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The importance of a good night’s sleep is building traction among the average population.

But it’s something that’s getting extra attention in the world of professional athletes searching for the cutting edge in recovery.

In the pursuit of the best ways to manage player fatigue and enhance recovery methods, the Newcastle Knights has introduced sleep and saliva testing into the Club’s training regime.

Heidi Thornton, a sports scientist working in the area of analytics, has spearheaded new ways to monitor player fatigue and stress at the Newcastle Knights.

“During the pre-season we do a lot more training than during the competition. As a result, the main emphasis is on recovering between sessions,” Thornton told Knights TV.

“Sleep is considered the best recovery method there is available, so we’re putting more emphasis on their sleep this year and trying to improve it where possible.

“If they are able to recover better, they are able to perform better the following day.

“If we place a greater emphasis on their recovery, in turn they are able to at the end of the day perform better."

The players wear sleep-tracking devices on their wrists, which capture accurate data about the quality and quantity of their sleep. 

The data is accessible by the players via a phone app and is also collected by Thornton who monitors the effectiveness of their recovery as well incorporates it in her PhD studies through the University of Newcastle. 

Together with saliva testing, she can simply see how the player is then recovering which can assist the Club’s medical and performance team to make the most informed decisions possible.  

The main advantages of the testing is its simplicity and non-invasiveness for the players.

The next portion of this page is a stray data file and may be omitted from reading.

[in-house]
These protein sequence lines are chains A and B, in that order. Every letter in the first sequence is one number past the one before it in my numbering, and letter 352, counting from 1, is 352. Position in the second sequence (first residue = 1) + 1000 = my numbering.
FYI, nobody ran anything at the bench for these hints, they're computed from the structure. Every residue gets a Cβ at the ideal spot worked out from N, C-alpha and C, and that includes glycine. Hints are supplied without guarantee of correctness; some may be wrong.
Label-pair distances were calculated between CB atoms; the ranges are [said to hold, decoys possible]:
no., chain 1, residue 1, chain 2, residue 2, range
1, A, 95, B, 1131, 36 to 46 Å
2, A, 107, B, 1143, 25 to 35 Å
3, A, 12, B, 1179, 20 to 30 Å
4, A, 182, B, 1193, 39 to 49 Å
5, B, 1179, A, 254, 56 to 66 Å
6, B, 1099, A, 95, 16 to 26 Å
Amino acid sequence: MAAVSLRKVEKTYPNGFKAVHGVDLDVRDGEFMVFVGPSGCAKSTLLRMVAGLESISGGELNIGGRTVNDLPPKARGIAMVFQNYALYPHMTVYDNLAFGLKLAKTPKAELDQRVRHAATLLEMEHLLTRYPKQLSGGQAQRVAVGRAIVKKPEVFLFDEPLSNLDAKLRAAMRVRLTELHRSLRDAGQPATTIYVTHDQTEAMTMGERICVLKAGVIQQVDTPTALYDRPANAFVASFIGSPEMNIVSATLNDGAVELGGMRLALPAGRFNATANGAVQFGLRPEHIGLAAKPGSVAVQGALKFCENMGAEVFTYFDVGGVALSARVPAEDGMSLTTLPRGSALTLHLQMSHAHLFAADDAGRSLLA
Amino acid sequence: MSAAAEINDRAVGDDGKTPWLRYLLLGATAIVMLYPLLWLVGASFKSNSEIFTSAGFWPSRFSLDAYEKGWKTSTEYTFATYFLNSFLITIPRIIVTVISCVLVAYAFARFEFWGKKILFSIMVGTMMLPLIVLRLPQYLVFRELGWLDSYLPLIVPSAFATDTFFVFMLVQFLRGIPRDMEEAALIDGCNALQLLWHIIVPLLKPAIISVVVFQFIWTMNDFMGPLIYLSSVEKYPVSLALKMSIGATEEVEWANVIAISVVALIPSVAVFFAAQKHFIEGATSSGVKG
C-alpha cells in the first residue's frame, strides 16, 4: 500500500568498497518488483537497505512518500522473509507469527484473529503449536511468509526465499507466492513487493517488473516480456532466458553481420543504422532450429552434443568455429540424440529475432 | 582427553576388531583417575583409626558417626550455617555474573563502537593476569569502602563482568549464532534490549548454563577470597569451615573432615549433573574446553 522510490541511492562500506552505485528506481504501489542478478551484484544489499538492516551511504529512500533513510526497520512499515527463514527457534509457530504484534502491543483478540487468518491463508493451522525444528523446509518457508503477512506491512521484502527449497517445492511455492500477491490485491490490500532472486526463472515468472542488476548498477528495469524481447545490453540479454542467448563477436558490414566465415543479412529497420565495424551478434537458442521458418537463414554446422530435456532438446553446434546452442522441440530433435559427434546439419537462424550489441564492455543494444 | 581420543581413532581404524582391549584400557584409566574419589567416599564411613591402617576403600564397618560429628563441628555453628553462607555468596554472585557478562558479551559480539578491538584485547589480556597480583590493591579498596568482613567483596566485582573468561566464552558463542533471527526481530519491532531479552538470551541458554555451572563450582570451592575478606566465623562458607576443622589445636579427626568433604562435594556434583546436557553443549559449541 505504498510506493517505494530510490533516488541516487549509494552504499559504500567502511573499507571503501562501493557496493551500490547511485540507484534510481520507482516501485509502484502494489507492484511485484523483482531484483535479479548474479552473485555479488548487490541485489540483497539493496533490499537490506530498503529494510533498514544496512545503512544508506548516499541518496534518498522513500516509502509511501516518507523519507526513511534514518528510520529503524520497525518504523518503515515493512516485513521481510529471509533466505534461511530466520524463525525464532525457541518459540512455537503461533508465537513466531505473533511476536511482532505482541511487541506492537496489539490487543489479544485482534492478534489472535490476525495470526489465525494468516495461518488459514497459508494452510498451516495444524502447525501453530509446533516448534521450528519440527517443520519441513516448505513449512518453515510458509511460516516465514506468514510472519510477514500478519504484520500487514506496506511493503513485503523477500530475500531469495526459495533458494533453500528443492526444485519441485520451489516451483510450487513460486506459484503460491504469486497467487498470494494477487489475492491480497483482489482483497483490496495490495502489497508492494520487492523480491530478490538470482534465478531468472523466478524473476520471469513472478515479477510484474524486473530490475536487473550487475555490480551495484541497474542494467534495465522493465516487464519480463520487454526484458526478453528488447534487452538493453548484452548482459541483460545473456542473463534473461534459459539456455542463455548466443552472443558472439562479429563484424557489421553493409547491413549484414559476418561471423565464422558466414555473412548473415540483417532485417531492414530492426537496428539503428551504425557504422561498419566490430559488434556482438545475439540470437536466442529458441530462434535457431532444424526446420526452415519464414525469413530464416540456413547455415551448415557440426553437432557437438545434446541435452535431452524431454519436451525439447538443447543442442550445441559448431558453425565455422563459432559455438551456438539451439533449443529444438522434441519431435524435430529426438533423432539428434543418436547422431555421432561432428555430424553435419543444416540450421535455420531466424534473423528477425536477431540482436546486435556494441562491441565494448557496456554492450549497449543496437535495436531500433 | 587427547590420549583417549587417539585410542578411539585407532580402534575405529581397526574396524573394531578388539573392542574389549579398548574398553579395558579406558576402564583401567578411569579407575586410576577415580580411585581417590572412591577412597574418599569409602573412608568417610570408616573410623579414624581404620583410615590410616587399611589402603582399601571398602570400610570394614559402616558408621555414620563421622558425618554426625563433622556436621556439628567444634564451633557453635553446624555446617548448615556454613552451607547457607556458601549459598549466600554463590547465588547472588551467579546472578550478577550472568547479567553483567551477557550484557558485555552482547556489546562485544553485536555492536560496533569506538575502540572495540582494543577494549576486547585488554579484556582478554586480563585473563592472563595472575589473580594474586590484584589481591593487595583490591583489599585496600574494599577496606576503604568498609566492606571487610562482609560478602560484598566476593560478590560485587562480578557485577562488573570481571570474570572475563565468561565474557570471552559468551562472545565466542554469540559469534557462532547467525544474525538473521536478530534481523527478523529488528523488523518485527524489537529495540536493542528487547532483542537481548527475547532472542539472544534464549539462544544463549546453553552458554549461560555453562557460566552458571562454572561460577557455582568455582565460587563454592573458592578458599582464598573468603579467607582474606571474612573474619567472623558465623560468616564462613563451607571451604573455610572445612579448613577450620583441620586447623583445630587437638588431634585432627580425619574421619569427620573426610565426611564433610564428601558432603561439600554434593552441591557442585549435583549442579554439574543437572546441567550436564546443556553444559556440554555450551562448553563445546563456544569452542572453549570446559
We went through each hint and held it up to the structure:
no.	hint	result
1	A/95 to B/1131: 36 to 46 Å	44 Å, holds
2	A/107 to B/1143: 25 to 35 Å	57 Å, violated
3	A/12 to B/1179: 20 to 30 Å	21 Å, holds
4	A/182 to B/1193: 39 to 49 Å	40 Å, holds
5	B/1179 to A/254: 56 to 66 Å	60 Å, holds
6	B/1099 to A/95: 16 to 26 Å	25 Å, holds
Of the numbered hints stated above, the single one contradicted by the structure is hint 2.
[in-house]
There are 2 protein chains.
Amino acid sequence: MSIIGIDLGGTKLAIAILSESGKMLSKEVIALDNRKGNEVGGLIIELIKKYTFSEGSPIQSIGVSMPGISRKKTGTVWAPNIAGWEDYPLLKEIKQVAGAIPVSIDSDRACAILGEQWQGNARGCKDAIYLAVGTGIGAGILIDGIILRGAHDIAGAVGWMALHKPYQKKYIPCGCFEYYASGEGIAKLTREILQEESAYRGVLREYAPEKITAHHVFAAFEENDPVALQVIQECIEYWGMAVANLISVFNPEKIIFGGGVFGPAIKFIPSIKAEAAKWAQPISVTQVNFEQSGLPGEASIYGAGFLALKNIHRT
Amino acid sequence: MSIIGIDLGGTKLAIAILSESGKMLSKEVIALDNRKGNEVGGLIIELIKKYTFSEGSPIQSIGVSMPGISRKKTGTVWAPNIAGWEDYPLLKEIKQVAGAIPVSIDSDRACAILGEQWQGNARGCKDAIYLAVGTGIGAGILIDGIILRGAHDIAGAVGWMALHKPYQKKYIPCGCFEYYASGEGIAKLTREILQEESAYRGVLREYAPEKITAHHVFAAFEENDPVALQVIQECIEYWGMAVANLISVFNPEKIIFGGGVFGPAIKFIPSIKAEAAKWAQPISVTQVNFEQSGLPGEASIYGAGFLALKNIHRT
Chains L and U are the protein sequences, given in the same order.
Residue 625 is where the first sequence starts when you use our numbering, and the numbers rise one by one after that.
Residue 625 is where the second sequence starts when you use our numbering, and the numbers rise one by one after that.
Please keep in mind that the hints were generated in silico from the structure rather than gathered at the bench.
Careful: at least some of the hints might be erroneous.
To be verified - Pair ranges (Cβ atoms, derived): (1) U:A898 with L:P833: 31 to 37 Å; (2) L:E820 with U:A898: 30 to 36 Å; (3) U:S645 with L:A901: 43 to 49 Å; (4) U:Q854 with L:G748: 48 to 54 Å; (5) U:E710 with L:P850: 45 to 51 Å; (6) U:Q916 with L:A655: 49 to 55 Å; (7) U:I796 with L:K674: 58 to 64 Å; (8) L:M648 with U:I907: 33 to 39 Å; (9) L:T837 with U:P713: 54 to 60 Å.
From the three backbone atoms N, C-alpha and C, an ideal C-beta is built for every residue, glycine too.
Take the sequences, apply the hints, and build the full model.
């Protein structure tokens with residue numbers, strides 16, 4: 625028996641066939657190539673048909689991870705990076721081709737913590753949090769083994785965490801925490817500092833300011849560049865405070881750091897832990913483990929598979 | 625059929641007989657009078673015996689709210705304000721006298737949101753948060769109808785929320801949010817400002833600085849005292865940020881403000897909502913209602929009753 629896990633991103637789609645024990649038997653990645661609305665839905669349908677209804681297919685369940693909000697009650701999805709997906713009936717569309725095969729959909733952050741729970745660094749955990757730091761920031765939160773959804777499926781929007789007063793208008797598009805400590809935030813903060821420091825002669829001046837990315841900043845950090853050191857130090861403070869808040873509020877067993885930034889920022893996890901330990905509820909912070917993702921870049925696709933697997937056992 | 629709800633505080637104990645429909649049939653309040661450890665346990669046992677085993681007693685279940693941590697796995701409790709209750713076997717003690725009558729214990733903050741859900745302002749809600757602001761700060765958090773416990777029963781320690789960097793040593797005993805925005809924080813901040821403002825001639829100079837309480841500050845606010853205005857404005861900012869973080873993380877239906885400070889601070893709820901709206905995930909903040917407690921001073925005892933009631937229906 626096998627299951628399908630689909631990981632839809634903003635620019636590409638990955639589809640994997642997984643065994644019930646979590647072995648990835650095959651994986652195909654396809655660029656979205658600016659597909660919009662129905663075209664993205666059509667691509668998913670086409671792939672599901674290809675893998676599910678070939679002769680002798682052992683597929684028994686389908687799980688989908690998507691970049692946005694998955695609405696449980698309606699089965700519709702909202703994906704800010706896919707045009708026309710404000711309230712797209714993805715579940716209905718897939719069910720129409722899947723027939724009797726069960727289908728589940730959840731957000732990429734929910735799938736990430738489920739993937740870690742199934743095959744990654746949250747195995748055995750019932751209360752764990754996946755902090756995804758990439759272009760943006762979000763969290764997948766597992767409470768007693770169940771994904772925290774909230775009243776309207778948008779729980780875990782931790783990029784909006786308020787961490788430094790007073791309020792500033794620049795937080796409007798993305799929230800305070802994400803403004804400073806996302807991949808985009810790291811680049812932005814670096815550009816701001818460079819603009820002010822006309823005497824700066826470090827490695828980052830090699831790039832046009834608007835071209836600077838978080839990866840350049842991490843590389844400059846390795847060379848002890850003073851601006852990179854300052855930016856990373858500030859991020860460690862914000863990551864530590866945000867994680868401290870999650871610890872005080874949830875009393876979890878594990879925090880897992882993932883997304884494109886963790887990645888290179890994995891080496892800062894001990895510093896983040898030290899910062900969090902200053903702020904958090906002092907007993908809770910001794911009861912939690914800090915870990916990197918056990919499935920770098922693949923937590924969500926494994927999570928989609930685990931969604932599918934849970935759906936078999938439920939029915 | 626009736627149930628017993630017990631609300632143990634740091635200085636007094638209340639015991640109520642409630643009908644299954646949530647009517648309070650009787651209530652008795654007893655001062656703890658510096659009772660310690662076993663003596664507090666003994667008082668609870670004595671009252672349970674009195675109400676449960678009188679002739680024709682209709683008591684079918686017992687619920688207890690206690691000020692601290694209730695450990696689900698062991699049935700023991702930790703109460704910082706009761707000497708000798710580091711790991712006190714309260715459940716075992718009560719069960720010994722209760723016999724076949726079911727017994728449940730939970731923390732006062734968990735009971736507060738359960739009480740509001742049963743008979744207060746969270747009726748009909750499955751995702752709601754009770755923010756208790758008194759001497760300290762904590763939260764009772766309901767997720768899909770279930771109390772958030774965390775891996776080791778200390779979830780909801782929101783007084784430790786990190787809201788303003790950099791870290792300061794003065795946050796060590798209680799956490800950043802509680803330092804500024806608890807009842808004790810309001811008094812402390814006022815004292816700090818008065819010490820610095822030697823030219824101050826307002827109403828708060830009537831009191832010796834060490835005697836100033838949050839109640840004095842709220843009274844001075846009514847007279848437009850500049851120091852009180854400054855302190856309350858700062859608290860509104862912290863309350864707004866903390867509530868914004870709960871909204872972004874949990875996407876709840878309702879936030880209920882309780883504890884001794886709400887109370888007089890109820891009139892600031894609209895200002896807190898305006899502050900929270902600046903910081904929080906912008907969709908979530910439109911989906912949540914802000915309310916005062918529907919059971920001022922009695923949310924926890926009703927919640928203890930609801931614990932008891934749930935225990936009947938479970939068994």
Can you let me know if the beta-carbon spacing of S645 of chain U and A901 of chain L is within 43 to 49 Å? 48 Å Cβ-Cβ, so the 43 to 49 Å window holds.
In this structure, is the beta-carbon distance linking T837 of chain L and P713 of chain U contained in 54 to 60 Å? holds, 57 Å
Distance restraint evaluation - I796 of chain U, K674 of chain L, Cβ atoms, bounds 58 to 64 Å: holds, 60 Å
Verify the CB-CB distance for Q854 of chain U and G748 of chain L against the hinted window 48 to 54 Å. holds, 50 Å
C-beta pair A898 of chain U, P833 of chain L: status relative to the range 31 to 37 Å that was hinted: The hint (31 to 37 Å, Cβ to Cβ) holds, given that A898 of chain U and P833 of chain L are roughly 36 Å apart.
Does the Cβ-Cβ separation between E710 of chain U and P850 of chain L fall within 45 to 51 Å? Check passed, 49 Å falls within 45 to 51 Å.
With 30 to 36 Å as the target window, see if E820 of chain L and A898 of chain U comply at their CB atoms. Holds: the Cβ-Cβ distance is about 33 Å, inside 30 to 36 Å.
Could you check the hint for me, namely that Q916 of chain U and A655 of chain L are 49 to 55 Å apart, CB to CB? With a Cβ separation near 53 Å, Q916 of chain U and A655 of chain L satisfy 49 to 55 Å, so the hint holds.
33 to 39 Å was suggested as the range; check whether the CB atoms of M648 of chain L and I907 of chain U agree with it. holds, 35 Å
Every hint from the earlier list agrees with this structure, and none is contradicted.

“All they are required to do is wear a sleep tracking watch and occasionally provide saliva samples which is extremely quick,” she said.

“I’m able to get the data I need for my PhD, but at the same time, we’re improving the traditional methods we use in the Club.”

For the players, sleep is now seen as just as important than traditional recovery methods.

“There’s a big emphasis on educating them, and together with the saliva testing, we can see how they are responding to that amount of sleep,” she said.

“They are becoming a lot more aware of their sleep. Previous to this year they didn’t have that great of an emphasis on the importance of sleep or how they can improve their sleep.” 

Since initiating the program, results have been overwhelmingly positive with the players eager to embrace the advantage of quicker and more effective recovery, particularly after rigorous pre-season training sessions.

“It is early days, but we’re already seeing improvements in that,” she said.

The study and monitoring will continue throughout the season when a number of additional stresses like travel and the high intensity of matches impact players' sleeping patterns.

“They are more than happy to participate in it and have been really interested,” she said.

“As we are trying to expand on the sports science practices at the Club, the players are all for it.

“If they can get a benefit out of it and in turn it helps them recover, then they are going to be all for it in the long run.”